When teen actress Lindsay Lohan decided to become known as teen singer Lindsay Lohan, she followed a tried-and-true formula for the under 21-pop set: an album dominated by upbeat, danceable songs that catered to a youthful demographic.
Her sophomore record, "A Little More Personal (Raw)," still has a few of those bouncy, light tunes that will appeal to the tween set. But the overall tone is darker: Power ballads with thrashing guitars have replaced the dance tracks, and the album, released Tuesday, finds her reflecting on personal troubles of the past year, including the incarceration of her father.
It's not the kind of material that helped her sell more than a million copies of her first album, "Speak." But at 19, Lohan is eager to show a more adult side — and she hopes the public is ready to see it, too.
"I do still have the younger fan base and I want them to be able to relate to some lighter songs, but I want to grow with my fans, and I've been trying to do that for so long," says Lohan. "I've just grown up really fast, and I'm thankful for that."
She's not thankful, however, for some of the things that have caused her to grow up at warp speed, especially over the past few months. Chief among them were the troubles of her father, Michael Lohan. Estranged from Lindsay, her mother, Dina, and Lindsay's three younger siblings, Michael Lohan was frequently in trouble with the law over the past year, including an arrest for driving while impaired. He was sentenced in May to up to four years in prison, and the Lohans divorced.
"When I think about it, it kind of just registers to me that it was in the papers that my father's going to jail. I think about that and I'm like, wow, that's really hard," says Lohan. "People usually don't deal with that in the public eye, for whoever it may be to see."
Lohan generally stayed mum about her father in the press, but their relationship is one of the focal points of the new record. The first single, "Confessions of a Broken Heart (Daughter to Father)," is about a daughter's abandonment by her dad, and the video, which she directed, depicts an abusive husband.
"It was really to let girls, boys, anyone that's in an abusive relationship, anyone who is going through things like that ... to put it out there that it's OK to express how you feel," says Lohan. "If I'm in the position where I can take a stand and say something important, then I'd like to do that."
Kara DioGuardi, the album's executive producer and a co-writer along with Lohan on some of the album's songs, says the album reflects the more mature choices Lohan has taken in her life and in her work. Her upcoming films, including two about the assassinations of Robert Kennedy and John Lennon, are of a more serious vein. She's also done a film with Meryl Streep.
"There were songs on the album that were deeper, with more in-depth focus to her life," says DioGuardi. "I think the need to define herself as a young woman as opposed to a young child is becoming more and more evident."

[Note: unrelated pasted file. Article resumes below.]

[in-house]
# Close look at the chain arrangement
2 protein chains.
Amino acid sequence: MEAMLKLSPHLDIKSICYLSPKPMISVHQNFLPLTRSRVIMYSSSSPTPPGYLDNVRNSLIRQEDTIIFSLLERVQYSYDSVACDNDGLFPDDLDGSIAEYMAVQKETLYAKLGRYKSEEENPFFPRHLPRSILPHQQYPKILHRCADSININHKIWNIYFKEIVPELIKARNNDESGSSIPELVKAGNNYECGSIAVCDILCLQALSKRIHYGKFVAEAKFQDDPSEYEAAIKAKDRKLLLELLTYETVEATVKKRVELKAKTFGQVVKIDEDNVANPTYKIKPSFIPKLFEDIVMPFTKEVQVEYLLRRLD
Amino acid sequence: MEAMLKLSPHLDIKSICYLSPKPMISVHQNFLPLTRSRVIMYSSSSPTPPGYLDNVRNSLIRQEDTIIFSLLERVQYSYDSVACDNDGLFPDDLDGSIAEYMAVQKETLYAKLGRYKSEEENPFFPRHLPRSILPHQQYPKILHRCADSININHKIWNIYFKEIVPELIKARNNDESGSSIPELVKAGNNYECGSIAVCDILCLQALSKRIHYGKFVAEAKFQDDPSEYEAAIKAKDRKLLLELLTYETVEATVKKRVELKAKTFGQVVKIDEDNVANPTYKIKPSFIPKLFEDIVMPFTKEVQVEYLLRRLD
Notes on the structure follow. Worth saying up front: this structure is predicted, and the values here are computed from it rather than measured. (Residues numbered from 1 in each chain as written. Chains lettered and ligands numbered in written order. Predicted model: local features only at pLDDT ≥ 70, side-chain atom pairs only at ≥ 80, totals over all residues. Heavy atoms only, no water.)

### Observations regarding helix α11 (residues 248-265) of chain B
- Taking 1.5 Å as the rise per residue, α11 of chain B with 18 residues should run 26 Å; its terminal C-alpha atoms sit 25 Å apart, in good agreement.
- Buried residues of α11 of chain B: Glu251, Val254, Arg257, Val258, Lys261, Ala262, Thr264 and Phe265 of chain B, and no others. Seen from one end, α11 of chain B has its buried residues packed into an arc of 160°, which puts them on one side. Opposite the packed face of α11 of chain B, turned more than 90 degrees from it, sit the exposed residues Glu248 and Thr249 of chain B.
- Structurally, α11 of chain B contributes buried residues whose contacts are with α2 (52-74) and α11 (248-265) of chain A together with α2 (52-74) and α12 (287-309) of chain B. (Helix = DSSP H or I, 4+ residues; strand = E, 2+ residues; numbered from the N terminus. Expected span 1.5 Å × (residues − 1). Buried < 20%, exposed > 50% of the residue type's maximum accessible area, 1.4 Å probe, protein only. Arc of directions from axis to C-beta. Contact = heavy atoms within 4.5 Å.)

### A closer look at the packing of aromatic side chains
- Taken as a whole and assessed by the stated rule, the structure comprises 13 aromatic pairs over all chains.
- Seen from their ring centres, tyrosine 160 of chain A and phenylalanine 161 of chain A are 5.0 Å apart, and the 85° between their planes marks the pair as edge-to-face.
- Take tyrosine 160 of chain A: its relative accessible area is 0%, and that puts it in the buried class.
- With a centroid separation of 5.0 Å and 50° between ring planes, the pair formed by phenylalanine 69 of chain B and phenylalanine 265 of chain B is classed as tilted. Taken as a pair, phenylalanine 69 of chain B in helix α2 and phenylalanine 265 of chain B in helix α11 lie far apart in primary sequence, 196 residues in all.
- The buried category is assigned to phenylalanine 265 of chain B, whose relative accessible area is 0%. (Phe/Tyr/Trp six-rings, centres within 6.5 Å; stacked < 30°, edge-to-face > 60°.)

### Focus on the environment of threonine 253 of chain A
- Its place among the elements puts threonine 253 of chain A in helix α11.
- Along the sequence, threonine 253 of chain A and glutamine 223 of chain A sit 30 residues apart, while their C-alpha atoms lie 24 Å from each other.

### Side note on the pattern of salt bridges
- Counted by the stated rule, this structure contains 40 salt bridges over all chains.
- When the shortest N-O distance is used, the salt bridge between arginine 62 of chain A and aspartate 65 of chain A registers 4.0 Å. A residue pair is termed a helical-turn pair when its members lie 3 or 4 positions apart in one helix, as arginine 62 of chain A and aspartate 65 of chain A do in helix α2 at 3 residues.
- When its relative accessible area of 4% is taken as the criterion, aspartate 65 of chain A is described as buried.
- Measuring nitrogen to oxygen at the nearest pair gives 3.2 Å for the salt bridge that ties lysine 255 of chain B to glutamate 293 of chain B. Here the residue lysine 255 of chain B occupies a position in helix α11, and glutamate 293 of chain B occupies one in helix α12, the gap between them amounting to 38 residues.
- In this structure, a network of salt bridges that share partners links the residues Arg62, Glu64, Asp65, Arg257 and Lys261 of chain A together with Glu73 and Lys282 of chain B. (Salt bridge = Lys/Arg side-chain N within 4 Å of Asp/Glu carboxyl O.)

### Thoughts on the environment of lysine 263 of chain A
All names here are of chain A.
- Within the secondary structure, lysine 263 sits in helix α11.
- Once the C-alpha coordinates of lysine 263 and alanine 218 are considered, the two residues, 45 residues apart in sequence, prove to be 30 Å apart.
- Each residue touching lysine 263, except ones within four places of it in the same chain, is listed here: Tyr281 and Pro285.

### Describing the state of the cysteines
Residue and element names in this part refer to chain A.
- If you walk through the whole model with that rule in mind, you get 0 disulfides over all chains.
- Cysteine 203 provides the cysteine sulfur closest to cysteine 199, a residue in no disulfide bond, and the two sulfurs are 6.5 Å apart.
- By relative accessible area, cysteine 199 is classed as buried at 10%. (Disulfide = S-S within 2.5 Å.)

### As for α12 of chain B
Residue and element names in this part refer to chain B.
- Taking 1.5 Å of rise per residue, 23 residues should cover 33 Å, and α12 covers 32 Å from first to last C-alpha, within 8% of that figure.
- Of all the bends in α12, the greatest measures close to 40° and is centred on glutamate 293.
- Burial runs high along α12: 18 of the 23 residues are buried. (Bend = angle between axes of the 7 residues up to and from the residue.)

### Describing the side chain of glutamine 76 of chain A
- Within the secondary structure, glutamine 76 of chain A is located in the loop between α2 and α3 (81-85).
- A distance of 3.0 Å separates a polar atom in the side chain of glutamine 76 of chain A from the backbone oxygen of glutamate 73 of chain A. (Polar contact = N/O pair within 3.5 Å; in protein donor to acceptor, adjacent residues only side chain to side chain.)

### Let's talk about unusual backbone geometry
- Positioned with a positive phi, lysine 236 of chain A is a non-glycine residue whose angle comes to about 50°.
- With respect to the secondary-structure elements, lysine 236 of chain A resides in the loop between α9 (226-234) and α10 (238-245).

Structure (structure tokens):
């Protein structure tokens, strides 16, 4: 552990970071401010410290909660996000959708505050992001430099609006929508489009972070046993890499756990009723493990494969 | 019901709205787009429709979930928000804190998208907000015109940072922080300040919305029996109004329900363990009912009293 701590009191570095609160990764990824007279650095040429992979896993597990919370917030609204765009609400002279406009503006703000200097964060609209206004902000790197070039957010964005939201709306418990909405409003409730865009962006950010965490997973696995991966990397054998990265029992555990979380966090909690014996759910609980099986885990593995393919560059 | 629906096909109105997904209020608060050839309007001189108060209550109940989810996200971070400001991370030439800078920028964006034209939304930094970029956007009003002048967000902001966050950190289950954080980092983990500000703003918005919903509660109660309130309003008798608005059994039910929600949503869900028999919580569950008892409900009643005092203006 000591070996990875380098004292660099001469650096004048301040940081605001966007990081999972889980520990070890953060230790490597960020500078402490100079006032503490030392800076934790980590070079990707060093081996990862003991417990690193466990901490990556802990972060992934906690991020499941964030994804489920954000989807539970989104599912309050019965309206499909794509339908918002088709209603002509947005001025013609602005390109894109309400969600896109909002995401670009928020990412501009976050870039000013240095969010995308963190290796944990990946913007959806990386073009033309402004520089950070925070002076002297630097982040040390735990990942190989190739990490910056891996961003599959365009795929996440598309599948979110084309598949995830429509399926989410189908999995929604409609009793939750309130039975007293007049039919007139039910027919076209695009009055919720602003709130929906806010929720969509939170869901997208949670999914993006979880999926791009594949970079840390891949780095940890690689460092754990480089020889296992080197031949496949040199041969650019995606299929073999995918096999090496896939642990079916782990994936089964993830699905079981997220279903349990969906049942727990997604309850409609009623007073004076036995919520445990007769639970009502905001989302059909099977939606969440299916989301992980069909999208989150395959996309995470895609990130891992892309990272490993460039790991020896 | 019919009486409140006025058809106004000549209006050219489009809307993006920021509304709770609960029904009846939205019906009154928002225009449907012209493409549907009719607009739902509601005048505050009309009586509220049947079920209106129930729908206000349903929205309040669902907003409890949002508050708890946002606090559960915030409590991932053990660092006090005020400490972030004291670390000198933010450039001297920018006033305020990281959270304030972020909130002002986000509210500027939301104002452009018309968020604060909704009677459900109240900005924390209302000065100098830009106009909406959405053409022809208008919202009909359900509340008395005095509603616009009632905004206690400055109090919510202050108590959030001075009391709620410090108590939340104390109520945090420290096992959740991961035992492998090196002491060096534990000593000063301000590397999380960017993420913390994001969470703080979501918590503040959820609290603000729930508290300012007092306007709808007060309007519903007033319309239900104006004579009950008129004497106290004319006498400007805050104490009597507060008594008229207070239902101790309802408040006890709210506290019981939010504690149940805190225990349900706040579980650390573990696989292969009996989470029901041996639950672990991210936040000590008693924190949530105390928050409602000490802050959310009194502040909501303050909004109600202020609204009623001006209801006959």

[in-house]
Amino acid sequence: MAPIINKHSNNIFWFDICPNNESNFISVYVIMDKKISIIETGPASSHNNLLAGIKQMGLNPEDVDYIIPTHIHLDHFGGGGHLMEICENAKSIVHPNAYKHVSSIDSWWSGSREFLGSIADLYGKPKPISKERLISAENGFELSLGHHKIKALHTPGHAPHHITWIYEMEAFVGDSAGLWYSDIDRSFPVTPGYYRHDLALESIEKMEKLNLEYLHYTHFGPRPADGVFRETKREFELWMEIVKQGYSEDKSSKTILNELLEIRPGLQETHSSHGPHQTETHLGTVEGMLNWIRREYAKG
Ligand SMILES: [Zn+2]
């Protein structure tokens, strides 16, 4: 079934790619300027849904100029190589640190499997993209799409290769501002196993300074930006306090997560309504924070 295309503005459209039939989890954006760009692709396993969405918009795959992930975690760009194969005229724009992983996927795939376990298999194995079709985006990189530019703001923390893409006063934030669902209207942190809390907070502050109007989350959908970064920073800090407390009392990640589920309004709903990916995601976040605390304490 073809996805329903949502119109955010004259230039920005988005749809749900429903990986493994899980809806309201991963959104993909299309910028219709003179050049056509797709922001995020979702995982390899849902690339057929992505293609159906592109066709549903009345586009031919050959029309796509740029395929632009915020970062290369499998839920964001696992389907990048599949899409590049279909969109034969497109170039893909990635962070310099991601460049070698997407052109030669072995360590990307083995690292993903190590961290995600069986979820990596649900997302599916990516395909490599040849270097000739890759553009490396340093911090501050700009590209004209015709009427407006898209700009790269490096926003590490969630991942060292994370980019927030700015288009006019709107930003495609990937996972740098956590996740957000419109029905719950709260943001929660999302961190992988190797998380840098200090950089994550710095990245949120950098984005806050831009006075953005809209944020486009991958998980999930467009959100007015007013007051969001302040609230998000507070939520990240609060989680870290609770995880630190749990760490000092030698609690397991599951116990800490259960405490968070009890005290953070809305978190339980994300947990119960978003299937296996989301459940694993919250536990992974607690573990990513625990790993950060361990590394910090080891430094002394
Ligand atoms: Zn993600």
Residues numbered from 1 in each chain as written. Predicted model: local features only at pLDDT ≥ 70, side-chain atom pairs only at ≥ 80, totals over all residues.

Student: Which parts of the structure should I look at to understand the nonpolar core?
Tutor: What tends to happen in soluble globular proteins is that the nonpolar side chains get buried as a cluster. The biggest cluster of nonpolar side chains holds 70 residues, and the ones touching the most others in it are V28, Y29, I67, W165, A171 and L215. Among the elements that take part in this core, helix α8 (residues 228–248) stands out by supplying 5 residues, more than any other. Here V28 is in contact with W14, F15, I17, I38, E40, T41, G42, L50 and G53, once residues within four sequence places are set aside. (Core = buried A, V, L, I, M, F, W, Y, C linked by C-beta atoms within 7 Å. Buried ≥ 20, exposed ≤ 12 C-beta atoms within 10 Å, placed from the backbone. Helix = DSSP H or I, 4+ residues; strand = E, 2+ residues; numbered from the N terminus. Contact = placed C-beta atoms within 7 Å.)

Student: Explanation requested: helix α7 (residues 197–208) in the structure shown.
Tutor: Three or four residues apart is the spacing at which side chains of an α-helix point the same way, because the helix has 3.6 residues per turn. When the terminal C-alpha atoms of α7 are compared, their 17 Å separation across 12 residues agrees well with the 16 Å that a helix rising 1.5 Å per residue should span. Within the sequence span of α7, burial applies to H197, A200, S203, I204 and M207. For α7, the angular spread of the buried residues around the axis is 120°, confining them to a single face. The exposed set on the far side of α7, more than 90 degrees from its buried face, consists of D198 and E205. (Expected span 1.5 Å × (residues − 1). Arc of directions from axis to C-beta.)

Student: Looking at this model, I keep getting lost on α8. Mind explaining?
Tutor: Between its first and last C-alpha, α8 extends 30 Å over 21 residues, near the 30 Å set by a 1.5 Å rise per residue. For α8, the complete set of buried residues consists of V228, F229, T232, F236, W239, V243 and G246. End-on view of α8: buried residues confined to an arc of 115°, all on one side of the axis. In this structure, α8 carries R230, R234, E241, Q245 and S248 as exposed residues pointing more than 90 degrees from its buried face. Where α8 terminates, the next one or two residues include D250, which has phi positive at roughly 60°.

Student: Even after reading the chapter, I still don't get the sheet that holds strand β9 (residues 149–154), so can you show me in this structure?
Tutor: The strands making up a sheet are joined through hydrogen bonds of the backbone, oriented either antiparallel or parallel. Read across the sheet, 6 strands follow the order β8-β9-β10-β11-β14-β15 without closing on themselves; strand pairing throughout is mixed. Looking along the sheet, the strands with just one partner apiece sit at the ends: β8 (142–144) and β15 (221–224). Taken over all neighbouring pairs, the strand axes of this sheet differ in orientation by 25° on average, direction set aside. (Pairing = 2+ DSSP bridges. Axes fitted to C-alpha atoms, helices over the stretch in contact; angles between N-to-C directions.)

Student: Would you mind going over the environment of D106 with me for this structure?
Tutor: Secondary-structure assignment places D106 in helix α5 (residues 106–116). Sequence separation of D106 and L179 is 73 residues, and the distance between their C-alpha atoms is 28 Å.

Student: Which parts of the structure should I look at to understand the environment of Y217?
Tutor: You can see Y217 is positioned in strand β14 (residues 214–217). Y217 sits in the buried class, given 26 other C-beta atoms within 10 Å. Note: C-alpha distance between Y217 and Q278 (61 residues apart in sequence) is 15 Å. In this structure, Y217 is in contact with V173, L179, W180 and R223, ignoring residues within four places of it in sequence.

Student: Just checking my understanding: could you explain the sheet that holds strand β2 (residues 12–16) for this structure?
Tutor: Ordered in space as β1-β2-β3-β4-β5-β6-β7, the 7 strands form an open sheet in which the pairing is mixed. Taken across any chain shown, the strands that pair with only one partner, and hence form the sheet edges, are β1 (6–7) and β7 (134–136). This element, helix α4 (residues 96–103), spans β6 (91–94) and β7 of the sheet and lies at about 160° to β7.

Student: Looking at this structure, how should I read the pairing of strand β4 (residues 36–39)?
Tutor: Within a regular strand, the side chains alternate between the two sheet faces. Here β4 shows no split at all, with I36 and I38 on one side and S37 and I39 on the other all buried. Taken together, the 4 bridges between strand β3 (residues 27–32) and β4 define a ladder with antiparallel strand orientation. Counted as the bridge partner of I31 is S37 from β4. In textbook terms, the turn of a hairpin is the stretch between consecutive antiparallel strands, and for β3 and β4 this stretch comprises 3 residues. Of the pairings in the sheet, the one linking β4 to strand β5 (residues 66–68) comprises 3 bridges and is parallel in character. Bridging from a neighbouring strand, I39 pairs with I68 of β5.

That's especially so given Lohan's increasing tabloidization. She has become a fixture in gossip magazines since transforming from the cute kid in "The Parent Trap" to the beautiful, sexy starlet in last year's box- office hit "Mean Girls."
But not all the coverage has been favorable. Her sudden, voluptuous form last year gave way to plastic surgery rumors (which she has dismissed), and her dramatic weight loss fueled talk of an eating disorder or drug use (which Lohan vehemently denies).
In addition, her penchant for late-night partying is constantly documented, as well as her love life (reports have linked her to actor Jared Leto after her split last year from "That '70s Show" star Wilmer Valderrama) and even her hair color (for the record, the redhead has now gone from blond to auburn).
Lohan finds the spotlight alternately embarrassing, frustrating and upsetting: "That's just gross," says Lohan. "These things about people going out and doing drugs — people have families and kids who look up to them — a sister and brother — how can you say that? It's really horrible in a way."
Yet Lohan says she wasn't taking particularly good care of herself last year, when her frame was more gaunt than glamorous. She blames stress and a heavy workload and stretching herself too thin, in work and in play.
"I was just working, working, working, and tired, and going out with my friends in the wrong way when I should have been resting," says Lohan, looking slim but healthy in jeans, knee-high boots and a flowing top. "I knew that, but I needed to learn it for myself instead of just everybody telling me that."
Lohan says she's sworn off working weekends, and her main goal is "just making sure that I'm happy — I think it's mostly about that, and keeping myself grounded."
And DioGuardi says "A Little More Personal" helped her do that.
"It's sort of therapy," she says. "I think that she grew because she started understanding herself more."
Lohan hopes that listeners will get as much out of listening to her record as she did making it.
"I hope people take me seriously and respect what I'm willing to put out there. People don't have to rave about it," she says. But, she adds, "I want it to touch people whatever way it will touch the people individually."